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Letter: Media’s coverage of Hobby Lobby inaccurate

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Note: The statements, views, and opinions contained in this letter to the editor are those of the author and are not endorsed by, nor do they necessarily reflect, the opinions of The Republic.

From: Cynthia Workman


To the editor:

A great deal of controversy and argument has arisen over whether or not Hobby Lobby has a right to deny certain types of health coverage to their employees. Specifically, the type of health coverage in dispute has been called contraceptives in the media.

Hobby Lobby offers their employees — almost 70 percent of whom are women — a comprehensive health care plan, including contraceptives. According to the company, Hobby Lobby has “no objection to 16 FDA approved contraceptives, required by law that do not interfere with the implantation of a fertilized egg.” They already provide health care coverage for contraceptives.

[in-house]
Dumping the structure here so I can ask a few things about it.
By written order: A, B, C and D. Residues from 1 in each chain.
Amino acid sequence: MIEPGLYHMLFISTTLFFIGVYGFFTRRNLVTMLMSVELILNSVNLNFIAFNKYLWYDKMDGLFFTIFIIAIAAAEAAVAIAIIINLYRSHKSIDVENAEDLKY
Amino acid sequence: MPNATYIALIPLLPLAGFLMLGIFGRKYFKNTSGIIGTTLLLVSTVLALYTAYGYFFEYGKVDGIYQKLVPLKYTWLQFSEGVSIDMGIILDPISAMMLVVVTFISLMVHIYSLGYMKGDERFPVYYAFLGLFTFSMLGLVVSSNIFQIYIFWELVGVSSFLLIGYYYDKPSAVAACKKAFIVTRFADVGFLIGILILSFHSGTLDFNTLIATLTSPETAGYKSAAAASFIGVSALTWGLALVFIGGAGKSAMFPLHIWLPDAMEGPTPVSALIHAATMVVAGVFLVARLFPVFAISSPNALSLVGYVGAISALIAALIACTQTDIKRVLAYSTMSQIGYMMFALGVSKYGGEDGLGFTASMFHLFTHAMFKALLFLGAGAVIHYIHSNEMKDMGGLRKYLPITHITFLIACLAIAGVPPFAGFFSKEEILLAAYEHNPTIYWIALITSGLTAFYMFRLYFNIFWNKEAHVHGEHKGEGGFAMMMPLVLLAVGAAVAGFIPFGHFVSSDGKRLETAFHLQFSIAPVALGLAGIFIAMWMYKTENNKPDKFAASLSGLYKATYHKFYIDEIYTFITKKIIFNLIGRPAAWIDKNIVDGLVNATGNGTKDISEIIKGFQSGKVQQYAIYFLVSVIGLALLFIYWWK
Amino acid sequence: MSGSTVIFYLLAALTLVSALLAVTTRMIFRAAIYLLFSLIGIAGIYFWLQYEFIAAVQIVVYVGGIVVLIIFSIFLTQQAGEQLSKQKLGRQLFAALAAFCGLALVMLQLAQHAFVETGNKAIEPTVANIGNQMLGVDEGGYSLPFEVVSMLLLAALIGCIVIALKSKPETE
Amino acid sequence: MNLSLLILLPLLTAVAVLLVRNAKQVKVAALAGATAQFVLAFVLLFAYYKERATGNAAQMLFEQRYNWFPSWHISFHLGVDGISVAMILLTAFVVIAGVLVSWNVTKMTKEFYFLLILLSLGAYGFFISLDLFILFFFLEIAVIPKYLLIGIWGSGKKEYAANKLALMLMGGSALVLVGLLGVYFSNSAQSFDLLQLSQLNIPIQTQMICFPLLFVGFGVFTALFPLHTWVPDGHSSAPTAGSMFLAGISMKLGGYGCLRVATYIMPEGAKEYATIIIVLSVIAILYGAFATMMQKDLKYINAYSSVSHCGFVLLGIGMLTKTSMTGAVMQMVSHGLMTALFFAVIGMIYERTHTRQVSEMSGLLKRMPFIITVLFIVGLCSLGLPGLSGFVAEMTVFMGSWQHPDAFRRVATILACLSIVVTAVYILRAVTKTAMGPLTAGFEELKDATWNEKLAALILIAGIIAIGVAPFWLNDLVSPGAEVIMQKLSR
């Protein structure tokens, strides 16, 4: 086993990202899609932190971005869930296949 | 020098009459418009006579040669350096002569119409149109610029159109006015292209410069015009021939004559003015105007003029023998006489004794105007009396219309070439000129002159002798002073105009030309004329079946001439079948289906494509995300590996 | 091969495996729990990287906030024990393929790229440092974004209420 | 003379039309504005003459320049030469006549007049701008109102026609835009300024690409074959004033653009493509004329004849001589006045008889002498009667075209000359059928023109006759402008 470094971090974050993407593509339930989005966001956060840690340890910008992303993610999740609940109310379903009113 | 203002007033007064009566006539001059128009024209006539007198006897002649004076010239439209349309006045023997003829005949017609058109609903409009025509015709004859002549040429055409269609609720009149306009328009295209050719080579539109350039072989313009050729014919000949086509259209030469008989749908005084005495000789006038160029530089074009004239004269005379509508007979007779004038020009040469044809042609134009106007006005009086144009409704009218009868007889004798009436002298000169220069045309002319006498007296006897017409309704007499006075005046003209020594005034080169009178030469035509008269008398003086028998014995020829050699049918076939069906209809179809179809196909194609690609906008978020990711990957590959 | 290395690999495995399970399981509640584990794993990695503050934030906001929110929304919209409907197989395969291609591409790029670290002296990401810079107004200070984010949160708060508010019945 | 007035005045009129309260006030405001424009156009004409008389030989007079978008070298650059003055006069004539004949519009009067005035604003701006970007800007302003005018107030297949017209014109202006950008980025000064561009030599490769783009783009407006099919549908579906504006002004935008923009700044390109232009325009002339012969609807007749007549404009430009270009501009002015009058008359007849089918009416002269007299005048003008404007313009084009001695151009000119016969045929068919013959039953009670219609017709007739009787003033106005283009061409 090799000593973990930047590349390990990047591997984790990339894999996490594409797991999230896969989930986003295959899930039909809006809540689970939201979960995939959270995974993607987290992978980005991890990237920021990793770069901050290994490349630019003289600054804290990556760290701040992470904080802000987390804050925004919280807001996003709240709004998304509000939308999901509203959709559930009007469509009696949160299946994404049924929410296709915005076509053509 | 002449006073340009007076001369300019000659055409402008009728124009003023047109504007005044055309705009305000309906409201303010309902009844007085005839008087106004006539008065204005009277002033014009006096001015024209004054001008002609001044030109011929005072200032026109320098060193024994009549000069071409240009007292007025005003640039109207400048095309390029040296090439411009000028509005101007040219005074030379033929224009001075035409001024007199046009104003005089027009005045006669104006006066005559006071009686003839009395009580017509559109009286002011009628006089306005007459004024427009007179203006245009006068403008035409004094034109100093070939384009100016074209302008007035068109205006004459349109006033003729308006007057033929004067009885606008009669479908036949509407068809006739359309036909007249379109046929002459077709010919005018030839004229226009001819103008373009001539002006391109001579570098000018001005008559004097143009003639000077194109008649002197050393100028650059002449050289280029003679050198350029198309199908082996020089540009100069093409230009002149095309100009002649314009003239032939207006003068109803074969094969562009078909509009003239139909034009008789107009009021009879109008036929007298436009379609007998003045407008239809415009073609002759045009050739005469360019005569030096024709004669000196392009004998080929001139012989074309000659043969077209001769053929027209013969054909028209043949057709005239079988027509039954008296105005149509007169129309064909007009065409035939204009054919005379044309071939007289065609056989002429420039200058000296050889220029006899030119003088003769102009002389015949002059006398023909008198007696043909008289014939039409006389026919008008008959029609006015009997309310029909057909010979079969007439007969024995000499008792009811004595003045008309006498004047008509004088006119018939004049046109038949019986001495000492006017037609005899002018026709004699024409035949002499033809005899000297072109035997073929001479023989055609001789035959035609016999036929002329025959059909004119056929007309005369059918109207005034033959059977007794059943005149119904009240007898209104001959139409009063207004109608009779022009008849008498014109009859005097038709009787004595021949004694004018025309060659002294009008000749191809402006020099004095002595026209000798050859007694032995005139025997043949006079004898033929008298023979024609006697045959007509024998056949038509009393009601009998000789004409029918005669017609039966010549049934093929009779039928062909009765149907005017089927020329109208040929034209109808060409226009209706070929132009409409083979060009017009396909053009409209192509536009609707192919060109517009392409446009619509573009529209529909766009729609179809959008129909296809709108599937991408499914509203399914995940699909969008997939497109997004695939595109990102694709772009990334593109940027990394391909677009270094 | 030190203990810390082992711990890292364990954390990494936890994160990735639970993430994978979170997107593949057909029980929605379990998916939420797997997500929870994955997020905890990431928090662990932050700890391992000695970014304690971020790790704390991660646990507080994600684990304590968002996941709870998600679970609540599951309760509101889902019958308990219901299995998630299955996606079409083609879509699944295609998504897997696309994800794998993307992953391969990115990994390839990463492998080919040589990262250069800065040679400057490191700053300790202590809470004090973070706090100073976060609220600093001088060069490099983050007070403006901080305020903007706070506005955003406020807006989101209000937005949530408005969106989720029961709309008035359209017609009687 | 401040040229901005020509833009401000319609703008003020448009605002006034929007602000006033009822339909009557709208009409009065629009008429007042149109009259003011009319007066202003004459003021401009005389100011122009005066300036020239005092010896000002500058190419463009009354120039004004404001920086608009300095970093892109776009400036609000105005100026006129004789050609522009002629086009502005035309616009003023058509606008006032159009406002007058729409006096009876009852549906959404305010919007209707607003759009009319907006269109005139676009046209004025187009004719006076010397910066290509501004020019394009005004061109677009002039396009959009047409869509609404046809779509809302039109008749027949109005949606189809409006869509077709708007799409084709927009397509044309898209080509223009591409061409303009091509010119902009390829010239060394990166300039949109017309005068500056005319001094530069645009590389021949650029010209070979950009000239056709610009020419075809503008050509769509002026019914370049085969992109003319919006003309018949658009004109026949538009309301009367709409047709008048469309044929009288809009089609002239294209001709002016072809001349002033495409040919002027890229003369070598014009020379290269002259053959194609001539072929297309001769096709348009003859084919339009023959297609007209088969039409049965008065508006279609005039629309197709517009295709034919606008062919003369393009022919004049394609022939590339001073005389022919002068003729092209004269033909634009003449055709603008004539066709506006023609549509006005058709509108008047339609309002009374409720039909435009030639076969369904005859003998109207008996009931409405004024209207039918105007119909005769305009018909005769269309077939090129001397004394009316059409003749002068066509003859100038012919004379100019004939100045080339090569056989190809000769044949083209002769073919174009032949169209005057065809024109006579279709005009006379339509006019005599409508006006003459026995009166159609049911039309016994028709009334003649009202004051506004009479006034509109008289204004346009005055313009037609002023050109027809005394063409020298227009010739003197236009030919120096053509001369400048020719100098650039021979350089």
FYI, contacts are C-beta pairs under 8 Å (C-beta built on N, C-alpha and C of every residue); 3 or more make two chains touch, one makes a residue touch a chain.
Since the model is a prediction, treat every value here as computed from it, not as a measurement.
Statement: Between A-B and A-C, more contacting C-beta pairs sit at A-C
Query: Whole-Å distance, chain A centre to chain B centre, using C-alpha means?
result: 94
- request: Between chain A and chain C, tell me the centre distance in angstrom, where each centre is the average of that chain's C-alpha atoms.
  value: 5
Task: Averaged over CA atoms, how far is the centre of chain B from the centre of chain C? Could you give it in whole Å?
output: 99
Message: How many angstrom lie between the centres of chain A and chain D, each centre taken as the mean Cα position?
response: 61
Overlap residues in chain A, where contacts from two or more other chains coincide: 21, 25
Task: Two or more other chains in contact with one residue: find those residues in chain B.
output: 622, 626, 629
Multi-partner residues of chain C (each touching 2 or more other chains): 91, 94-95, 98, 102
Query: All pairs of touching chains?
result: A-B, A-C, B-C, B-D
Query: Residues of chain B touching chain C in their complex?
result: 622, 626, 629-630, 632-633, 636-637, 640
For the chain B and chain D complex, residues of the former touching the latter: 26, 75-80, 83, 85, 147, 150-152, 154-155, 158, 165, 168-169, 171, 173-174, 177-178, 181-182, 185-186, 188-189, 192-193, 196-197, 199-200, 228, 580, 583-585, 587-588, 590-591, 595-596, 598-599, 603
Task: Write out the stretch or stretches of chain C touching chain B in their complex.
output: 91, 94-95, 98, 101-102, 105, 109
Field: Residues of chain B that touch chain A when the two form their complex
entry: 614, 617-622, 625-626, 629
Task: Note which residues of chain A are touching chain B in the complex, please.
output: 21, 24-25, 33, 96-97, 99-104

Contraceptives, according to Webster’s dictionary, are “things that are done to prevent a woman from becoming pregnant.” An example of a preventative contraceptive would be a condom. An abortifacient, according to the same dictionary, is “an agent (as a drug) that induces abortion.”

An example of an abortifacient would be the drug RU486, also known as Mifeprex or Early Option. A contraceptive and an abortifacient are not the same thing. One prevents pregnancy, and one ends pregnancy.

There are 16 contraceptives provided for in health care plans by Hobby Lobby that do not conflict with their deeply held religious convictions. There are four that are widely available and inexpensive that the Green families, owners of Hobby Lobby, believe violates their religious conviction that life begins at conception.

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